February 6, 1998

Jerry Cantrell: Not Bogged Down by Alice?
by Johnny Walker

With his upcoming album, 'Boggy Depot', Alice In Chains lead guitarist Jerry Cantrell takes his first baby steps as a solo artist after spending the past eleven years in rock and roll's premier smack-metal band, whose sophomore album 'Dirt' picked up where Lou Reed's infamous 'Heroin' left off.

Dressed in black, sporting biker boots and a shaggy Skunk Baxter handlebar mustache, the amiable Seattle axeman held a press conference Thursday in chilly Toronto, Canada, and along with the usual verbal softballs which he deftly hit out of the park, struggled with what, despite his ambivalence, seems to be the death knell for his famed partnership with AIC singer-songwriter Layne Staley, whose chemical excesses have been well-documented.

Cantrell's fielding of the inevitable questions about AIC's future were fraught with the tension created by not wanting to disparage his past while at the same time wishing to put the emphasis firmly on his (possibly Alice-less) future.

"After being together for eleven years - I love those guys and we've gone through a lot of stuff, but shit, it's time to change a little bit," Cantrell opined. "Life is only so long, and seldom do groups of people, marriages, last that long. But we've never said that we're over, and I won't say that here... if we decide to do a record it'll be because we wanna do a record, not to dispel any rumors, fuck everybody else." Such bravado, however, only momentarily belied what later seemed to be a few more clues as to the band's fate.

When asked if 'Boggy Depot' might have come about because of a frustration with Staley's lifestyle, which has often been rumored to have the singer hovering in a hedonistic twilight world of drugs and depravity. "I think it's unfair to say that any progress [with AIC] has been slowed down by Layne in particular," Cantrell retorted, noting that Staley had offered him much encouragement and camaraderie during the 'low periods' while recording his solo album. "We are human, and apt to make the same mistakes as anybody else, and God knows we've made a few, you know? But that's how you learn. But I'm totally satisfied [with 'Boggy Depot'] - I always have been - with what we've done as a band. It was a growing process and a challenge and I stepped up to it and kicked its ass."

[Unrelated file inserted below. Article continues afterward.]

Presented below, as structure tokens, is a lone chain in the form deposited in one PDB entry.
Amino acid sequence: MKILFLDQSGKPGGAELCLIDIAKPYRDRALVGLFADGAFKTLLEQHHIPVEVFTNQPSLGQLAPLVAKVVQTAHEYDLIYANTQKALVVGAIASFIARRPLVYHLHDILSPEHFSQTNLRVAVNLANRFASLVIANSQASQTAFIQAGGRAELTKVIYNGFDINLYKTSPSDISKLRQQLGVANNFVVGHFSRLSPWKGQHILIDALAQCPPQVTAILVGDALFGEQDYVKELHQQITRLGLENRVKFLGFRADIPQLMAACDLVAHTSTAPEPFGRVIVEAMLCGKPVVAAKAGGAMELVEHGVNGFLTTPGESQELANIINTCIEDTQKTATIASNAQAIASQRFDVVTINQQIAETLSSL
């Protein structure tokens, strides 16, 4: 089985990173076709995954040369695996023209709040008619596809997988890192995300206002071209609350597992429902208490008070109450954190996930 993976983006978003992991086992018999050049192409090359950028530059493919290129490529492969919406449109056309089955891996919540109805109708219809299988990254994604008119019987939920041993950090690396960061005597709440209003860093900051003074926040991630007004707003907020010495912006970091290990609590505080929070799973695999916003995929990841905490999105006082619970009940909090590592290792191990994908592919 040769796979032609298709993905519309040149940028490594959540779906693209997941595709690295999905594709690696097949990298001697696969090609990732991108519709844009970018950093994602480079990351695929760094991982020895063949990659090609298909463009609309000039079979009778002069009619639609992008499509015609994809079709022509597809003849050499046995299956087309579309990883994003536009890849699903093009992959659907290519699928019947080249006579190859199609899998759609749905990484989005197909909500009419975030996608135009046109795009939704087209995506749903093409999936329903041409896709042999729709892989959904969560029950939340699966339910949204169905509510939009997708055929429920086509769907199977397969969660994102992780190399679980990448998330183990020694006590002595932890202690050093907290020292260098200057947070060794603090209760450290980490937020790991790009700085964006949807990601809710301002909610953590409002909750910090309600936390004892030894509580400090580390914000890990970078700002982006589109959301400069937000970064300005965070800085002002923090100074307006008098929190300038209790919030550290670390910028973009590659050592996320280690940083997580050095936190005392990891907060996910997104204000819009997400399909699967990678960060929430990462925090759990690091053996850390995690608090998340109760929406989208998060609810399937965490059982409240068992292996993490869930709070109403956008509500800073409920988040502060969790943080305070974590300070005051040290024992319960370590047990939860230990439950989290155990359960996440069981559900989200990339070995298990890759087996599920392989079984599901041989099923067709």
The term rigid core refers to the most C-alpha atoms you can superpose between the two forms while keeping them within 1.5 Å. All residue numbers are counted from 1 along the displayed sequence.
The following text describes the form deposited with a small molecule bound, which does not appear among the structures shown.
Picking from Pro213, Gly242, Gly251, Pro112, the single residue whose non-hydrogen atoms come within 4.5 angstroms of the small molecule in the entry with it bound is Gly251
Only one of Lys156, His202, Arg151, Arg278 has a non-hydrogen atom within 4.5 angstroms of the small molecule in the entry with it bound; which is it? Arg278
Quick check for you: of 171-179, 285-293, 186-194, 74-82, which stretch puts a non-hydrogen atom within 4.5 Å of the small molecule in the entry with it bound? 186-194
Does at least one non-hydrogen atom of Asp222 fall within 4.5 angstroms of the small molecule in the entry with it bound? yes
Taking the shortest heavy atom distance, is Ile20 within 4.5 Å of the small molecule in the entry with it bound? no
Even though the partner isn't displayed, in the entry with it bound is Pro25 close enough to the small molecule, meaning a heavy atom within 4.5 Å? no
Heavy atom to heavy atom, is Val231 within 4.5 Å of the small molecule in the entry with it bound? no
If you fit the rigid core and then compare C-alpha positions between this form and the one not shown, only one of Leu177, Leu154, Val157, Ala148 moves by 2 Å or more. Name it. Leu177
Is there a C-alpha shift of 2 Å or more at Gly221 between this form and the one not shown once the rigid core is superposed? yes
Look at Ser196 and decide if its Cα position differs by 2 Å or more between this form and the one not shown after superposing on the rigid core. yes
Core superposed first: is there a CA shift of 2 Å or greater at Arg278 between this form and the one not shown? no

Things became clearer as Cantrell began to talk about his debut solo effort as being a natural extension of the AIC aesthetic. "I think this record's pretty dark, pretty depressing in certain areas," he surmised thoughtfully of 'Boggy Depot'. "You don't want to repeat yourself, but certainly there's elements of things I've done with Alice in it. The apple ain't fallen that far from the tree, and that's fine, because I'm proud of my tree. I've never held back - you shouldn't be afraid of what you feel."

Certainly then, those hankering for an Alice 'fix' should look to The Jerry Cantrell Band for spiritual sustenance, as the guitarist takes to the road and makes plans for solo album number #2. "It won't be a two-week or month long deal, we're gonna tour a full tour on this record," Cantrell explained, making clear that this is far from a one-off bit of dabbling. "It may not be as long as we've toured in the past... my goal basically is to tour this record and get a solid lineup by the time the touring cycle is done, because I fully expect some changes. People will come and go, and I'm trying to put together something that's more of a living band itself, and then go right in off of the road and record another record."

Though he couldn't bring himself to say it, 'Boggy Depot', for those reading between the lines, sounds like the last goodbye to his former bandmates, and one more nail in the coffin of the hallowed 'Seattle Scene' of the early 90s which has now splintered beyond recognition. A very non-ironic 'Good luck' to you, Mr. Cantrell.